Thomas H. Rousse
Warrior, a two-player fighting game released by Vectorbeam/Cinematronics in 1979, represents an early pinnacle of integration between analog and digital displays in the history of arcade gaming and a terminal point for vector monitor technology. This article examines the business intrigue around Warrior, its adaptation of the “Pepper’s Ghost” optical illusion, its use of vectorbeam technology, and several attempts at the game’s reincarnation.
Arcade machine, Tim Skelly, Lawrence Rosenthal, Cinematronics, Vectorbeam, platform studies
« WARRIOR » is a two player vector generated video game designed to give the player realistic sword fighting action. The three dimensional effects brought about by the playfield and the high video resolution of the VECTORBEAM(TM) monitor are only part of this. The feeling of realism is also brought about by the energy hum in the audio circuit and the spectacular artwork by renowned fantasy artist Frank Brunner.
—Warrior Operation and Maintenance Manual (1979), p. 3
In the late summer of 1979, workers put the finishing touches on Warrior arcade cabinets at the Vectorbeam manufacturing plant in Union City, California. In the depths of Midwestern winter in Ann Arbor, MI, the last Warrior cabinet open to the public rumbled loudly in the basement of Pinball Pete’s in January 2013, across from Star Wars: Racer Arcade (LucasArts, 2000) and right next to Robotron: 2084 (Vid Kidz, 1982). Perhaps in the middle of the night, or even in the middle of a bout, the vector monitor responsible for drawing the two knights made of triangles on the half-silvered mirror’s reflection of the vibrant hand-drawn background burns out. The blacklight still reflects the castle interior onto the mirror; the crotch-height speaker still roars when a curious passerby drops a token into the slot. Yet players can no longer direct the vector-drawn swordsmen to duel or push each other down infinite pits. Is this the moment, some thirty-four years after its release, that Warrior in its original form exits the realm of public space?
If there is another Warrior-in-the-wild rumbling on in a distant Laundromat or pizza parlor, it seems no word of it has reached the collectors and curators contacted for this article. Perhaps Pinball Pete’s Warrior will be repaired and returned to its place on the arcade floor, or another instance of the machine will be made available at a museum exhibit or vintage-themed arcade in the near future. In any case, Warrior as originally conceived is no longer readily accessible, even to those players willing to trek cross-country for the chance to play rare games. Collectors with deep pockets may need to wait months or years for an existing copy to enter the market.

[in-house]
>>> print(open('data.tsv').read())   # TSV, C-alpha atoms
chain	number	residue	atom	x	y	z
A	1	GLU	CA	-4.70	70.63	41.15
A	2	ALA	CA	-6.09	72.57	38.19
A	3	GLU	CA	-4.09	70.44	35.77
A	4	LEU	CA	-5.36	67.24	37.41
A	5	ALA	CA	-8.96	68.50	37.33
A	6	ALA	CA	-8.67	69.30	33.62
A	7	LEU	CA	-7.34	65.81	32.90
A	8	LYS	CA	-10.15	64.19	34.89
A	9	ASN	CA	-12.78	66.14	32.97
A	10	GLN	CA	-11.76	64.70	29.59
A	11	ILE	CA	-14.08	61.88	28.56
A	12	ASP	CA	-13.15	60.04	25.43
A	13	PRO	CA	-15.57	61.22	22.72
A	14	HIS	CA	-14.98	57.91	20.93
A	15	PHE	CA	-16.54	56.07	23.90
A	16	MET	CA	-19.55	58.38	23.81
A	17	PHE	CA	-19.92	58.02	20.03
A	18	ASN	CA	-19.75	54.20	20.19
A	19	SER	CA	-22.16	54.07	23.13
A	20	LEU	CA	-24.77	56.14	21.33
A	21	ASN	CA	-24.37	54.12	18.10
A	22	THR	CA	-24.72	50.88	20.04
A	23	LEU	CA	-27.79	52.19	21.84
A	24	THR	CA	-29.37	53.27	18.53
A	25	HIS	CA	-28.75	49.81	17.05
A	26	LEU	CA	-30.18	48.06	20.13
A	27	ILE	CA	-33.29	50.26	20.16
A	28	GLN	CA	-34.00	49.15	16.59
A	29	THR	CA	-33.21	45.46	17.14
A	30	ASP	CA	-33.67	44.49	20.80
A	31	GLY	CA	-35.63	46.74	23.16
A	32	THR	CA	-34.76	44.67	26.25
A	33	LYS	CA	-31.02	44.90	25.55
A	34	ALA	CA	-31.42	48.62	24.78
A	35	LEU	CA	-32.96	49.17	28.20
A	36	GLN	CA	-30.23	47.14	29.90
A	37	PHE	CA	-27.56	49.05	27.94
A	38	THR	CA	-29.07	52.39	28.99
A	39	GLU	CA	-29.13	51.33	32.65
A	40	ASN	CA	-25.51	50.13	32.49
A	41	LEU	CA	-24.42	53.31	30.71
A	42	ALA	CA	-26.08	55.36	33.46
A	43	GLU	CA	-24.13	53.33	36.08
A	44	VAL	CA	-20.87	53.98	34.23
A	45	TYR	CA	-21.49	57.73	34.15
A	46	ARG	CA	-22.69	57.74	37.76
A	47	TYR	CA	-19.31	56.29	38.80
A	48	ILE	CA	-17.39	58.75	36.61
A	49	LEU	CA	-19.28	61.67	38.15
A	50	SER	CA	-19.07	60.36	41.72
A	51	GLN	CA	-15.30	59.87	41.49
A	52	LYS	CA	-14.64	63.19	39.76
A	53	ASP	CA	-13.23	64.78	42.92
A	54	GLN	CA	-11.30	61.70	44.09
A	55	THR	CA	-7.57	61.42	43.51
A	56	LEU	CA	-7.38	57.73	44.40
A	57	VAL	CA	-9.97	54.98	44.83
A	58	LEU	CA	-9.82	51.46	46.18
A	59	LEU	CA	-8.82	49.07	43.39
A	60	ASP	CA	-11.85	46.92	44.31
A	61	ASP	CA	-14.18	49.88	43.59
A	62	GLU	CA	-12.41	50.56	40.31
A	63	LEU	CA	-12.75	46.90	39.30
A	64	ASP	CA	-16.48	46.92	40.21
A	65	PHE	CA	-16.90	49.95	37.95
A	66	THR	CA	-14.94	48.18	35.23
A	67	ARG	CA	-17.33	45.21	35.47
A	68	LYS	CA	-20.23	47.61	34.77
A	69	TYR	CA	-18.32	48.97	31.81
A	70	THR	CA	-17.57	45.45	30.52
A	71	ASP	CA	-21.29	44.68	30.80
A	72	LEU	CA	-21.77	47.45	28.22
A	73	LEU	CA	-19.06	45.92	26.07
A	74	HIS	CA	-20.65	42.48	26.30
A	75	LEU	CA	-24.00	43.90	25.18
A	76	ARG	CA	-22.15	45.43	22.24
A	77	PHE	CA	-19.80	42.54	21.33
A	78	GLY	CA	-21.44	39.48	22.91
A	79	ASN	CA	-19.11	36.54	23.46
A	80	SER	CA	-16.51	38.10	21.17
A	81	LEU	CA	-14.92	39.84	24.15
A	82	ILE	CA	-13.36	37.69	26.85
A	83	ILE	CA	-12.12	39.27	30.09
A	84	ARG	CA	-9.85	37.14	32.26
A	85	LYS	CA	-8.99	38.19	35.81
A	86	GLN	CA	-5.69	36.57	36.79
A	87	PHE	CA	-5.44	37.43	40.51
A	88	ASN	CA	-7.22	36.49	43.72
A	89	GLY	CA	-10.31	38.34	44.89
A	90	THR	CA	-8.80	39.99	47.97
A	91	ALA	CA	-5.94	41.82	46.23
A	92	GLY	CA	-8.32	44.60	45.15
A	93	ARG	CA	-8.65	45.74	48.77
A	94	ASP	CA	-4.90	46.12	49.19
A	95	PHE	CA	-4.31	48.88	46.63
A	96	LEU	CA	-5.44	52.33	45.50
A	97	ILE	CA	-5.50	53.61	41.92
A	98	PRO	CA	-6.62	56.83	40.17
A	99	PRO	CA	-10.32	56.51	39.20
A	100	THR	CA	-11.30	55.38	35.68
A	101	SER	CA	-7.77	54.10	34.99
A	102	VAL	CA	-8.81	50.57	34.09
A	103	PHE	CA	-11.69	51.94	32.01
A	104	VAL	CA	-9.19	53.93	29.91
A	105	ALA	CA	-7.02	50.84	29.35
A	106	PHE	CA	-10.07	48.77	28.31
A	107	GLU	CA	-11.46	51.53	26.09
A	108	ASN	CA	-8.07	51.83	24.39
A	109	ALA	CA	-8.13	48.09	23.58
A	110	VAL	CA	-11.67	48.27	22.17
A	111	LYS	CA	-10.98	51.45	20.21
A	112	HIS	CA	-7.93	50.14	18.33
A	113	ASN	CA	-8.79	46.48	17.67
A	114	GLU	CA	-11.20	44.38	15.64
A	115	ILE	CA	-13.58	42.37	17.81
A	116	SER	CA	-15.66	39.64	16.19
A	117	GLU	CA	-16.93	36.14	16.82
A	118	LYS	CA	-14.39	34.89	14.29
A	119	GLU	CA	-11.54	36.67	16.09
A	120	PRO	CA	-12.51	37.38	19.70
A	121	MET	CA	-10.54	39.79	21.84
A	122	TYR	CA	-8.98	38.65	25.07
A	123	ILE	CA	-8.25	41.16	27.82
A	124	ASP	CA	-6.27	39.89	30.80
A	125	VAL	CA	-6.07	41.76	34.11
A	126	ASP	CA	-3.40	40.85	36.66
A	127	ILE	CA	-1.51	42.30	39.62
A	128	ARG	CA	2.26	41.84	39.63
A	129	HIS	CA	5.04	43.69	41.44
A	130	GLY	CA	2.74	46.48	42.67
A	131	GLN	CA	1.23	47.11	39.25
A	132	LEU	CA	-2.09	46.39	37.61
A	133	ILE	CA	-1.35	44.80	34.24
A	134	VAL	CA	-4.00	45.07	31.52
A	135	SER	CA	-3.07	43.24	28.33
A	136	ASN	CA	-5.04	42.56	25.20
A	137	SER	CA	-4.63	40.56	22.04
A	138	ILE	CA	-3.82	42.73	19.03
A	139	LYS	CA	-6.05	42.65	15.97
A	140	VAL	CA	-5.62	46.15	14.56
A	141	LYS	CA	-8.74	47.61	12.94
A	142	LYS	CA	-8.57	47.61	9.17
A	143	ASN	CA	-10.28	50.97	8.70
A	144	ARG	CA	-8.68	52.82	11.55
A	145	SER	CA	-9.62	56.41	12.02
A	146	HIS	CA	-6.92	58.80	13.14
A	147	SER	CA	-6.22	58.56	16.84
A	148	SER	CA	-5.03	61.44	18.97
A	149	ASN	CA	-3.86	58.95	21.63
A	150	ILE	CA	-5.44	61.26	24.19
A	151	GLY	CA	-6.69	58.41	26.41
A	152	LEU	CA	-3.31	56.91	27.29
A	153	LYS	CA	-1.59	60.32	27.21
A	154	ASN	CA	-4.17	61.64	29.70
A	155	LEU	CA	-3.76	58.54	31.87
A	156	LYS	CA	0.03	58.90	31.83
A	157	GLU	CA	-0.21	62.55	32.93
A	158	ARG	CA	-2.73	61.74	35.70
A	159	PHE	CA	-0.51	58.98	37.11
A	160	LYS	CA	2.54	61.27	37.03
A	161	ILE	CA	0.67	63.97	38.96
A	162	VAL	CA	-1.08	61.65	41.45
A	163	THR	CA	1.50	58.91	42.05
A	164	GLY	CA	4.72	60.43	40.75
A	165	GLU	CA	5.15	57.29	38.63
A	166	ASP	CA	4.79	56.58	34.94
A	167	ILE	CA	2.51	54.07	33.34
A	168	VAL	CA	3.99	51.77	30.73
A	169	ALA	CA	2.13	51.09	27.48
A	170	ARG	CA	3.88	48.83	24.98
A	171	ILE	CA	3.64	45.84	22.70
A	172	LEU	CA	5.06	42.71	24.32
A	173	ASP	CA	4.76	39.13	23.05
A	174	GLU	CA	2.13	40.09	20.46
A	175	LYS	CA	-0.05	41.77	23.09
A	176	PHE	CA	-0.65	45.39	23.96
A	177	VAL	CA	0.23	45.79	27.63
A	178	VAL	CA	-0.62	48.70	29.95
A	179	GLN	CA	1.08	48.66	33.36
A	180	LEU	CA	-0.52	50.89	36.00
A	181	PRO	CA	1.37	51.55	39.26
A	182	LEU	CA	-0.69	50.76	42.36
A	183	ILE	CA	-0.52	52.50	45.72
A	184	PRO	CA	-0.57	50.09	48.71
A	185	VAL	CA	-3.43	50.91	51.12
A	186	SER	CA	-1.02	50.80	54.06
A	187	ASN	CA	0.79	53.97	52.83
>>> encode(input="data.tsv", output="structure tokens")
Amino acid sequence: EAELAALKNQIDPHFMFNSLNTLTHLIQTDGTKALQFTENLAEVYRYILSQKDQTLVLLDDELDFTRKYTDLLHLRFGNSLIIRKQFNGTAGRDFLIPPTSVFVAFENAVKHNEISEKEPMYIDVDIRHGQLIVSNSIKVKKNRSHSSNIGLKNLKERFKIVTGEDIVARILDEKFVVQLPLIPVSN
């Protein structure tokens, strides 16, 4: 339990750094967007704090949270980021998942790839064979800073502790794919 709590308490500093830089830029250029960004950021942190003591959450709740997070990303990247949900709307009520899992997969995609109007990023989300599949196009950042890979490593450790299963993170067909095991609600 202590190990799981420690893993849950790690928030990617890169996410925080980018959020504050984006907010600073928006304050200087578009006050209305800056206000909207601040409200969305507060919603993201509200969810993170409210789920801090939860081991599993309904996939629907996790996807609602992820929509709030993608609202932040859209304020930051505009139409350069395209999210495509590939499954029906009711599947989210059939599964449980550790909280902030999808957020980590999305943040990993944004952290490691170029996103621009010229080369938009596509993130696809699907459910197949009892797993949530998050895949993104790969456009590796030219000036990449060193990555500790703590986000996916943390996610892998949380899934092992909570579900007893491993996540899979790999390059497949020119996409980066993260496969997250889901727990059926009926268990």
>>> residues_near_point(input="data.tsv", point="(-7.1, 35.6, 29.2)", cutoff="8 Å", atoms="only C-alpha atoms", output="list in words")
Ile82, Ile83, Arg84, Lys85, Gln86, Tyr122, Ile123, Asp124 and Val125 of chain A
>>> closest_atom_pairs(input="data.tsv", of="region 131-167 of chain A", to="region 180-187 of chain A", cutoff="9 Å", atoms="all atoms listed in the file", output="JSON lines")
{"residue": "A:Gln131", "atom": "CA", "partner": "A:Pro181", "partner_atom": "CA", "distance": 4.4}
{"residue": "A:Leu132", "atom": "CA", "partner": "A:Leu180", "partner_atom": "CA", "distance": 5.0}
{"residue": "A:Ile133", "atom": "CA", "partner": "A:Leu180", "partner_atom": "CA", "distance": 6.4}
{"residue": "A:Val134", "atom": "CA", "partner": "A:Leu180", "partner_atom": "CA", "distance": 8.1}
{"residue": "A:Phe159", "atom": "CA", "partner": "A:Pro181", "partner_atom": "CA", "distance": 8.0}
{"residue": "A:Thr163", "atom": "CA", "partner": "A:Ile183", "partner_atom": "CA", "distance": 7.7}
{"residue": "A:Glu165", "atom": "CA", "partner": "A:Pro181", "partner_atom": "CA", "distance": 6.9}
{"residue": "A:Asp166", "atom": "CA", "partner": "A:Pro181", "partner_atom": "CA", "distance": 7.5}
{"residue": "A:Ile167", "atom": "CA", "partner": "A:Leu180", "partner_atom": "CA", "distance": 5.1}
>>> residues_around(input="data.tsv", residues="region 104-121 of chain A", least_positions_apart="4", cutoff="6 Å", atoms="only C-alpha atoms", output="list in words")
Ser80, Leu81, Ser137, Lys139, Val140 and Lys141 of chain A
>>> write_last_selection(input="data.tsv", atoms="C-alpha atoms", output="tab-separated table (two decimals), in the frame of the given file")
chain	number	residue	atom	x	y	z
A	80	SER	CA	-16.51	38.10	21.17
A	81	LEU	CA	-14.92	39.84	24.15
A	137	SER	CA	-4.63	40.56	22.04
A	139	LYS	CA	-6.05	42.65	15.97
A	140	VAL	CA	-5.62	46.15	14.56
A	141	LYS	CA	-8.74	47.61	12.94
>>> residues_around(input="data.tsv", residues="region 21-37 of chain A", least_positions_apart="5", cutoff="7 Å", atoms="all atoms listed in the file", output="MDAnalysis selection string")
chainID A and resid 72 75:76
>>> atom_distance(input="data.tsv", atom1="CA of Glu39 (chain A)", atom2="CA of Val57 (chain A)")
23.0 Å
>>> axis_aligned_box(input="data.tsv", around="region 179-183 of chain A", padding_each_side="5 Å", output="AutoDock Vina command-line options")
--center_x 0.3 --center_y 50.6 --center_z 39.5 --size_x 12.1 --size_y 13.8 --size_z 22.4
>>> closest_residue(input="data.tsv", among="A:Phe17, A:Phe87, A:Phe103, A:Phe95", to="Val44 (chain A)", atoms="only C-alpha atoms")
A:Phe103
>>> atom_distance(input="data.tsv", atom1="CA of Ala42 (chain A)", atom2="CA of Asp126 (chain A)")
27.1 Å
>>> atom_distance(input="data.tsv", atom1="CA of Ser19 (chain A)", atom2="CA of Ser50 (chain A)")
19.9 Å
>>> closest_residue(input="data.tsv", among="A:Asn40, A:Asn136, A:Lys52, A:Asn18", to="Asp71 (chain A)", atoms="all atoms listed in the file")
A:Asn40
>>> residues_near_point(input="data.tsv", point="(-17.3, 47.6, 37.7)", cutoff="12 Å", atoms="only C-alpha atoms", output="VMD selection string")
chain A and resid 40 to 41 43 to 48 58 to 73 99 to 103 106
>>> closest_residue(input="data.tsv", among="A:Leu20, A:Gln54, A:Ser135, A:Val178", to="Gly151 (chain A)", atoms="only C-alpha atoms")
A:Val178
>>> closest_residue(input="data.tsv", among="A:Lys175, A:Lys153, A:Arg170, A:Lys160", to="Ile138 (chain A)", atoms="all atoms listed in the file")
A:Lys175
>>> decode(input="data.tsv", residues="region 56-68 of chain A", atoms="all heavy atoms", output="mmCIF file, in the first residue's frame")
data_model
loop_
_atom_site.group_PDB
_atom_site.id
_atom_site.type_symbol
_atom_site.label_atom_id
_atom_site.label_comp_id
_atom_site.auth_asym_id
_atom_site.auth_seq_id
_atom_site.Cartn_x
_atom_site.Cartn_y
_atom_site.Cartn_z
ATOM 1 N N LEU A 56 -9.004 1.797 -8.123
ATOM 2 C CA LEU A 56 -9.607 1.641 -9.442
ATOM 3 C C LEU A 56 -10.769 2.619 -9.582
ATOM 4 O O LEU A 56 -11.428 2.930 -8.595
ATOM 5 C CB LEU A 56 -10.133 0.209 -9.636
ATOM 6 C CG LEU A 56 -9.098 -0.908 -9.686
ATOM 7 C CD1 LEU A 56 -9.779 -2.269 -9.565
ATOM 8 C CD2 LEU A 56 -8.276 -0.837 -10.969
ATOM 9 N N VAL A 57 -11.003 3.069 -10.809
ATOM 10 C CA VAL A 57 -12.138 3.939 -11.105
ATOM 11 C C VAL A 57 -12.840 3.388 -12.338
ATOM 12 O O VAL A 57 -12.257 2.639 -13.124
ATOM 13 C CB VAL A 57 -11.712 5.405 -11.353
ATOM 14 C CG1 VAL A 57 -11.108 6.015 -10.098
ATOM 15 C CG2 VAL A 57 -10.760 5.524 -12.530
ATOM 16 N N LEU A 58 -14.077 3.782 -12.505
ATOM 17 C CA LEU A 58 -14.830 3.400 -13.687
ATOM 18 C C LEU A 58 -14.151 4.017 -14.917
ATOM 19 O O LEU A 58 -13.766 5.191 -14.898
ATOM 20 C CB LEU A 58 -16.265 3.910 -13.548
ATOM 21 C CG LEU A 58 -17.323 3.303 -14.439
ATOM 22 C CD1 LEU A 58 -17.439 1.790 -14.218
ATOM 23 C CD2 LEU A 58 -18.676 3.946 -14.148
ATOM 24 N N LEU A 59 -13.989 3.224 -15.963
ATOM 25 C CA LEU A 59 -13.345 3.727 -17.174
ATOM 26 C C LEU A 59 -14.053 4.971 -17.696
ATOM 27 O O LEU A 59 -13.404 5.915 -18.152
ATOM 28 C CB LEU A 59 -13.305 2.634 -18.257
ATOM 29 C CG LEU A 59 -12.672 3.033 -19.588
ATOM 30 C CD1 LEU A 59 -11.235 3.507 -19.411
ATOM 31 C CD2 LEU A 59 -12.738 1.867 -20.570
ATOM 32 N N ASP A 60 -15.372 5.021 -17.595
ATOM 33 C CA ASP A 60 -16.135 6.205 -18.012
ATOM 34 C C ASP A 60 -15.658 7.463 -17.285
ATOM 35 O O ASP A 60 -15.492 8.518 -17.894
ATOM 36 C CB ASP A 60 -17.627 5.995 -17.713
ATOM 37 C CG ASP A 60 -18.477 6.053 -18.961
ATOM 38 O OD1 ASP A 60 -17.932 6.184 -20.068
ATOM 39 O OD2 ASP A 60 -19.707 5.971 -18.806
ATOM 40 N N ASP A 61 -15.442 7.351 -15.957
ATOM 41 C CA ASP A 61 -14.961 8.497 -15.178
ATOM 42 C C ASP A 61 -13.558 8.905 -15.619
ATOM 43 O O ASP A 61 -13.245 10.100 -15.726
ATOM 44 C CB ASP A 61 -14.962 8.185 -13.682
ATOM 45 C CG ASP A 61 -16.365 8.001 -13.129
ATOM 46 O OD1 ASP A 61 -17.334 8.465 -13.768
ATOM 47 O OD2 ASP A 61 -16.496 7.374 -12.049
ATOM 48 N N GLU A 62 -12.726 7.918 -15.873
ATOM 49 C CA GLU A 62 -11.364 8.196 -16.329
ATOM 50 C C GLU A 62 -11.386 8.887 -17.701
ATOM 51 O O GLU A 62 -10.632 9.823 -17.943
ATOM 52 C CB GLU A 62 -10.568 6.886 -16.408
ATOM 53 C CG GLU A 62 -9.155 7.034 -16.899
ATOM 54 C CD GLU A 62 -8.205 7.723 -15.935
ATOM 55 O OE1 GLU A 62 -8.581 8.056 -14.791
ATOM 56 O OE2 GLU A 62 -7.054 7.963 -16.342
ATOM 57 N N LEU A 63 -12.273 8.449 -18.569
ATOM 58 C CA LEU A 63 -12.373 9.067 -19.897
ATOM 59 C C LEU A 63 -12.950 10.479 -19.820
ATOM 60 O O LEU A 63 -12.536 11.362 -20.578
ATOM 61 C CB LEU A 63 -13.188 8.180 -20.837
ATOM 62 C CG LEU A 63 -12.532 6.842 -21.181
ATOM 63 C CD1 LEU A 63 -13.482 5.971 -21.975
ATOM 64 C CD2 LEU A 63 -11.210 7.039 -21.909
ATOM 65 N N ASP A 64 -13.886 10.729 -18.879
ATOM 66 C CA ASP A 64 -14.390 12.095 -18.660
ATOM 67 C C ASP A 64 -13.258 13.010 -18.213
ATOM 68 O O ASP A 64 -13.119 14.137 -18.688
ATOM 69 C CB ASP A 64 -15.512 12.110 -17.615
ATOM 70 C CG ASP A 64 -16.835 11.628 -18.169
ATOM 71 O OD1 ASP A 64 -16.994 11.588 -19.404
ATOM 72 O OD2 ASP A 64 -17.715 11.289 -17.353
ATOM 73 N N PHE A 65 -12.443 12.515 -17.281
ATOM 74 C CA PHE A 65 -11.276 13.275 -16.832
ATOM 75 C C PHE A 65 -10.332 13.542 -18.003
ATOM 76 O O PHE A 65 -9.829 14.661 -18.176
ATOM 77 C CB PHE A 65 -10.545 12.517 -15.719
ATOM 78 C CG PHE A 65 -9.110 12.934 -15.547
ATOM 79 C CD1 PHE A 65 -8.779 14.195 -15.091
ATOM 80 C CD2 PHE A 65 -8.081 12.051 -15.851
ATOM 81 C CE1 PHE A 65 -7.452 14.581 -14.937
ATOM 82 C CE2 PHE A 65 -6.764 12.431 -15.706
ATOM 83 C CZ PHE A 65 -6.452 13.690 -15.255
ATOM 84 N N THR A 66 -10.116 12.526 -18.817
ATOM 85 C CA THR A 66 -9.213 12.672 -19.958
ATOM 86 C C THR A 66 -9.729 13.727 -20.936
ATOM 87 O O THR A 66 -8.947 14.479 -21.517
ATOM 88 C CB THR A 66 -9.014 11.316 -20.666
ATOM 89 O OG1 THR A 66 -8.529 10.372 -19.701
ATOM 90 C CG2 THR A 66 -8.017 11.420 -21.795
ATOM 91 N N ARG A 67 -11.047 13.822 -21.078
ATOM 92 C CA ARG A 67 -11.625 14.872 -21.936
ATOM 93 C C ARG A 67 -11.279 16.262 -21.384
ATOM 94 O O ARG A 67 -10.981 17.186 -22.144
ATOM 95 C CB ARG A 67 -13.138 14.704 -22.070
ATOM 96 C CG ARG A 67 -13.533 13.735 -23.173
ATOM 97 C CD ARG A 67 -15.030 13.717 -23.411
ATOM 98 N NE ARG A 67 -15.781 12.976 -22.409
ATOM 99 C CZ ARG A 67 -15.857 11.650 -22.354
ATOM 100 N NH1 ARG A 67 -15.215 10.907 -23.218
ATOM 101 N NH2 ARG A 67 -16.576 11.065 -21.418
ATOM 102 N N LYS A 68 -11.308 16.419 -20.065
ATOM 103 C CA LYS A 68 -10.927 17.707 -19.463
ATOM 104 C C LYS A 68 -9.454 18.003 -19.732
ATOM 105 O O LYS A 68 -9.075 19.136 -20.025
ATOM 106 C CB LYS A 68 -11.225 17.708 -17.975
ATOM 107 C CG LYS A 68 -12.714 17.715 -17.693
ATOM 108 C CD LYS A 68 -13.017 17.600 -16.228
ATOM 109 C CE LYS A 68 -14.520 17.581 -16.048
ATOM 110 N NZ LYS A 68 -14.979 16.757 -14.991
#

In brief, this article attempts to trace the origins of Warrior, understand its place in popular culture during its thirty-six year history thus far, and trace the outlines of its peculiar reincarnations. Using Warrior as a focal point, this article is also an exploration of what information has been preserved about the early history of games as a mass medium, how perceptions of arcade games have changed for would-be historians, and how later developments in the medium of the videogame have biased later histories. I focus on three divergent points of interest in an attempt to triangulate the origins and of this rich artifact: a media archaeology of the optical illusion that gives Warrior its singular aesthetic, a platform study (Montfort & Bogost, 2009) of the vectorbeam technology underlying its digital aspects, and an attempt at parsing the business intrigue that surrounded the game’s creation. In turn, this article examines issues as diverse as technological transfer from academia to industry, material limitations on design, obsolete technology, patent fights, and conflict between creators and management. I conclude by examining three moments of Warrior’s reconstruction and remediation.